Is Spam Good For You or Should You Avoid It?

Although spam is a steady staple in the United States, it is not good for you. This is because it contains a large amount of sodium and fat, and is also relatively low in healthy nutrients that the body needs.

This processed meat has been linked to a variety of health conditions.

This article talks about spam, what it is made of, what it tastes like, and the healthier alternatives you can try. So, let’s get started.

What is spam?

Spam is a canned product made from ground pork and processed ham. The meat mixture is combined with preservatives and flavoring agents, and then it is pre-cooked, afterward canned, or vacuum sealed.

Spam has been in existence for decades. During the famous World War II, it was called different names.

Some of which are spiced ham, specially-processed American meat, something posing as meat, slimy processed anemic mucus, and shoulders of pork and ham.

All of these names were given to the product by soldiers during World War II. However, all of these names carry the acronym s-p-a-m, so it was called spam in other to create a mutual understanding.

What does spam taste like?

Its taste is best described as slightly spicy and salty. Some people find its taste to be bad; however, it depends on how it is cooked and the ingredients used.

I find its taste to be too salty, so I tend to have mine alongside eggs or rice. You can try yours with other dishes that may require some extra salt.

So, what exactly is spam made of?

Surprisingly, there aren’t many ingredients used in the production process. According to Spam’s official website, the following is the list of ingredients used;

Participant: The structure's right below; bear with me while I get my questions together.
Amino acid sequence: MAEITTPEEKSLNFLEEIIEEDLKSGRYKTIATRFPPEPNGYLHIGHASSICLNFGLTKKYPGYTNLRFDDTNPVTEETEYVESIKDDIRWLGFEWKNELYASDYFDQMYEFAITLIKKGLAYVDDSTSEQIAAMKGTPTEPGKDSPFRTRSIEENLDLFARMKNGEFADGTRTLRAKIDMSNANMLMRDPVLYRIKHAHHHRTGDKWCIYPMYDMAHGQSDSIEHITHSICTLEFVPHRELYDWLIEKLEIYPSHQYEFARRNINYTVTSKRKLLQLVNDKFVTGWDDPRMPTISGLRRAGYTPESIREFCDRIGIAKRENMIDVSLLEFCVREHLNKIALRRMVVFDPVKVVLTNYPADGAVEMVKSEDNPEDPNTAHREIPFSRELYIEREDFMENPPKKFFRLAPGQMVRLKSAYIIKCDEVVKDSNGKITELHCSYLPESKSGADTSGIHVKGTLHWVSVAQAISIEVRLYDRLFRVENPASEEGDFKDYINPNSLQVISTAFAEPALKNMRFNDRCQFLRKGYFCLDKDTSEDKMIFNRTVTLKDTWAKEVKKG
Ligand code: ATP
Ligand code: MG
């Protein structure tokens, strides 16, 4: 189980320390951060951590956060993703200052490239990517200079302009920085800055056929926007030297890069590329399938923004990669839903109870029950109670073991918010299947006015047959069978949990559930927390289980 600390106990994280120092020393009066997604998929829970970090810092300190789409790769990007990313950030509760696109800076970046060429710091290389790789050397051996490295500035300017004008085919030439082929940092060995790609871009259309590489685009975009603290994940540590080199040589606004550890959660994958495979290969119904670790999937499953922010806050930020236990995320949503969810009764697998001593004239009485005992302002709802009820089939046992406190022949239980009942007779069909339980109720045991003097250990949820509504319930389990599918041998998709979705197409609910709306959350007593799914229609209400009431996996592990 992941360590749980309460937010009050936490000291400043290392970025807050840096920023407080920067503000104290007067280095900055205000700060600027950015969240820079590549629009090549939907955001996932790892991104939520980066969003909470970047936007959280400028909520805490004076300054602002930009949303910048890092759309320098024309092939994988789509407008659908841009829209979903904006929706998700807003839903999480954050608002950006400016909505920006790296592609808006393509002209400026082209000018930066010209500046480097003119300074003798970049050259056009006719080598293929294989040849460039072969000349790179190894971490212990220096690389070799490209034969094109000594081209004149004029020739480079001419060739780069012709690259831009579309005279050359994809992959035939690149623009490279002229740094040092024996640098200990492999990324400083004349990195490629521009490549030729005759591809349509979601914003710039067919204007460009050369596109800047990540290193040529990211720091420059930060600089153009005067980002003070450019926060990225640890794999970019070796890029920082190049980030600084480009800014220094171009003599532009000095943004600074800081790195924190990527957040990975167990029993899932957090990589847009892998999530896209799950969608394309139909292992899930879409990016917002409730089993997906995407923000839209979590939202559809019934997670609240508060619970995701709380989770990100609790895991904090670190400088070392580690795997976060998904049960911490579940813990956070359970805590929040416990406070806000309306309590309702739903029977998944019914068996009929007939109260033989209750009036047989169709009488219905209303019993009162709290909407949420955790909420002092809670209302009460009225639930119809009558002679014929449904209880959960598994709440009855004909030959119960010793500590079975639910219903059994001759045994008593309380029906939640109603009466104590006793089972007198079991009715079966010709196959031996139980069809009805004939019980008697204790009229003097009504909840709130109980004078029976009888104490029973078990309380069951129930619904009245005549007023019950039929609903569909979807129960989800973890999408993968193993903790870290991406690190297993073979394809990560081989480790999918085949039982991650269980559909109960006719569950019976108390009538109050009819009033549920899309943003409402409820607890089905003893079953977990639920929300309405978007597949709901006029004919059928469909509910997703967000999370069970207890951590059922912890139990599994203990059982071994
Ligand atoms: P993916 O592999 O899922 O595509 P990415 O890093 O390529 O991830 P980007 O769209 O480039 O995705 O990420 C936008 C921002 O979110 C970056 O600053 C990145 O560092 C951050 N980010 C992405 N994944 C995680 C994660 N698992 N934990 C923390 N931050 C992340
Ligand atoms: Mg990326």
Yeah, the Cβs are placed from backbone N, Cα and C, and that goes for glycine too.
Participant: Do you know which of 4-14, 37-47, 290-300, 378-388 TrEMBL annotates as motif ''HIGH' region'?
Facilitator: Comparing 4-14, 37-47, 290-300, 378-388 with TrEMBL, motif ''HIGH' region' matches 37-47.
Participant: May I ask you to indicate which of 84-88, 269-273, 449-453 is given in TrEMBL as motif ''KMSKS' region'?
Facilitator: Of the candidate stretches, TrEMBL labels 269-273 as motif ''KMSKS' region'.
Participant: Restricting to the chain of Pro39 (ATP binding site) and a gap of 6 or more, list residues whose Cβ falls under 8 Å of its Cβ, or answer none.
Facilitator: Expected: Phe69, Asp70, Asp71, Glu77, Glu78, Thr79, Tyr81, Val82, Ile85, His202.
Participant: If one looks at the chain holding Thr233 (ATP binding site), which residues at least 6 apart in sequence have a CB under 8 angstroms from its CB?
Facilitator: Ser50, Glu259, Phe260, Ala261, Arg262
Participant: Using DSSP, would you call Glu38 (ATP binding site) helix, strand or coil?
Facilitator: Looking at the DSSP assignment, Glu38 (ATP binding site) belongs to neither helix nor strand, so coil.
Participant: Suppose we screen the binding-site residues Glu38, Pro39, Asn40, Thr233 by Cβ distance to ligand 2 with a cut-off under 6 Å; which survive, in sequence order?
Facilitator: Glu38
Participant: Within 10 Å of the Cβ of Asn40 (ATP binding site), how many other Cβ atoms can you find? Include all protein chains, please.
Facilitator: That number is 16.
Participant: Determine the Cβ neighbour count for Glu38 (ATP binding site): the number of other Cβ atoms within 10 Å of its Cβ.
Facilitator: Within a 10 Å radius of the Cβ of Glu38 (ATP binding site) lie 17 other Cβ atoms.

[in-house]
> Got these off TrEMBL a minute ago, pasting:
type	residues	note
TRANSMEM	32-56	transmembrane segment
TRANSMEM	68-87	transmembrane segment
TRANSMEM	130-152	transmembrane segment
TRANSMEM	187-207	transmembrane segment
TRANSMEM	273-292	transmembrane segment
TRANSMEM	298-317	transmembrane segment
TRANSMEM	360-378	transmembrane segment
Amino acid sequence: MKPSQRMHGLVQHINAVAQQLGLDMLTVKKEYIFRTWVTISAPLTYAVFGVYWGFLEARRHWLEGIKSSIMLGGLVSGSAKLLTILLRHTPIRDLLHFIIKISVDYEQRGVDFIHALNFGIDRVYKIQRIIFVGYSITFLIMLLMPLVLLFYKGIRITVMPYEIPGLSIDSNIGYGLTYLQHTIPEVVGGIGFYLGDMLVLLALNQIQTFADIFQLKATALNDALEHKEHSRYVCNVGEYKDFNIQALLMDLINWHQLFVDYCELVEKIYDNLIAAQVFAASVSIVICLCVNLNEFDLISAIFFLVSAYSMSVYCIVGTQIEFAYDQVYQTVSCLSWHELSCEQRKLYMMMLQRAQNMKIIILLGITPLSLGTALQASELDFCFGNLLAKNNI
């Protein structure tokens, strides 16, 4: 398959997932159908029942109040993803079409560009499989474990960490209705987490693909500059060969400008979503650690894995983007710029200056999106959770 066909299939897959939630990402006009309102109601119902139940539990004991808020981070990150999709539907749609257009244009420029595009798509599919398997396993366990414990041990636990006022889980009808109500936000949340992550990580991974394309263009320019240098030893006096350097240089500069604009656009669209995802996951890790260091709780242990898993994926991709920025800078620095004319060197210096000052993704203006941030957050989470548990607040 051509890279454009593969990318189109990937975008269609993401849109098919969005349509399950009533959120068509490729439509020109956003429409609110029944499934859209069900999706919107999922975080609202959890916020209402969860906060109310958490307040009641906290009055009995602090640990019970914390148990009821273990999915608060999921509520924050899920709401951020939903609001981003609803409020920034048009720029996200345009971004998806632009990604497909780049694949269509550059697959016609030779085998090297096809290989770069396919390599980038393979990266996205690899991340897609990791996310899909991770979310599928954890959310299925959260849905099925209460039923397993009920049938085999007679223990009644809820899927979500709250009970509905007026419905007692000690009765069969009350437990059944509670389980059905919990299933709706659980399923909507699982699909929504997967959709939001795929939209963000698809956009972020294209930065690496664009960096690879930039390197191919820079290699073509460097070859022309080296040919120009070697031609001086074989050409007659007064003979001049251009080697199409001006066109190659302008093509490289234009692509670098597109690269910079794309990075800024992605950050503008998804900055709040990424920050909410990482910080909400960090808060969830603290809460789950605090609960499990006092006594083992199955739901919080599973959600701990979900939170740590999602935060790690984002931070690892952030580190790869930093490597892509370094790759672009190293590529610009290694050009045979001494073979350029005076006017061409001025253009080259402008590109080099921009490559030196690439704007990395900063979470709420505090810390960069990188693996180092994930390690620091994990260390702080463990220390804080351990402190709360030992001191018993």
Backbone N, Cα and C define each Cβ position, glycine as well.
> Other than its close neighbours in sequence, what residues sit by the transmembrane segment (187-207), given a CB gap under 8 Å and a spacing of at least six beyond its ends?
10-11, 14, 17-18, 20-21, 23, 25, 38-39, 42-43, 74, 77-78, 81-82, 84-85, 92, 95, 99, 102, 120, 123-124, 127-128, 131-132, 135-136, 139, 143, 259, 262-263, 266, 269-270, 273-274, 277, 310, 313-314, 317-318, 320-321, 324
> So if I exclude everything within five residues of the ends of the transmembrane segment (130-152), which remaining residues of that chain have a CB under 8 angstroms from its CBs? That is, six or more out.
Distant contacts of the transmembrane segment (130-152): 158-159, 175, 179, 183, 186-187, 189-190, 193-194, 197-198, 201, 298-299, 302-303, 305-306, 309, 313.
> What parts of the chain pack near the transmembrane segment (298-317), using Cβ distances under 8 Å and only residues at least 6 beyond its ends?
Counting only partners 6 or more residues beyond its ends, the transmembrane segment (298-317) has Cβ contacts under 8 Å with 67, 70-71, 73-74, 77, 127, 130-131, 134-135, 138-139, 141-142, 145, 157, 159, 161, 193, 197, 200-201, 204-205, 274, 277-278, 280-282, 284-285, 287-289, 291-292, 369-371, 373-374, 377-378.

• Grounded pork
  • Processed ham
  • Salt
  • Water
  • Sugar
  • Potato starch (modified)
  • Sodium nitrate

Nutritional information on spam

According to the US Department of Agriculture, the following is the nutritional information on a 56-gram serving of spam.

  • Calories: 174
  • Fat: 15g
  • Protein: 7g
  • Sodium: 440g
  • Carbohydrate: 2g

It also contains zinc, potassium, iron, copper, magnesium, folate, cobalamin, and vitamin C.

Is spam good for you?

No, it is not. It is loaded with calories and sodium that may cause more bad than good to your body. Considering the number of calories, it holds way fewer nutrients than it is supposed to for such a high-calorie dish.

Below are some of the reasons why it is considered unhealthy:

1. Excess sodium

Spam is specifically loaded with sodium, and while sodium is not bad, excess intake however may be dangerous.

Study shows that a high intake of food containing high amounts of sodium is linked with high blood pressure and metabolic disorder.

2. Increased risk of chronic disease

Spam is processed meat, and processed meat is also linked with some chronic diseases such as bowel and stomach cancer.

Also, Chronic obstructive pulmonary disease (COPD) is another health condition linked to excess intake of this dish.

3. Excess sugar

Sugar is used to enhance or improve the taste and this sugar has zero nutritional value to it since it is not natural like those found in fruits.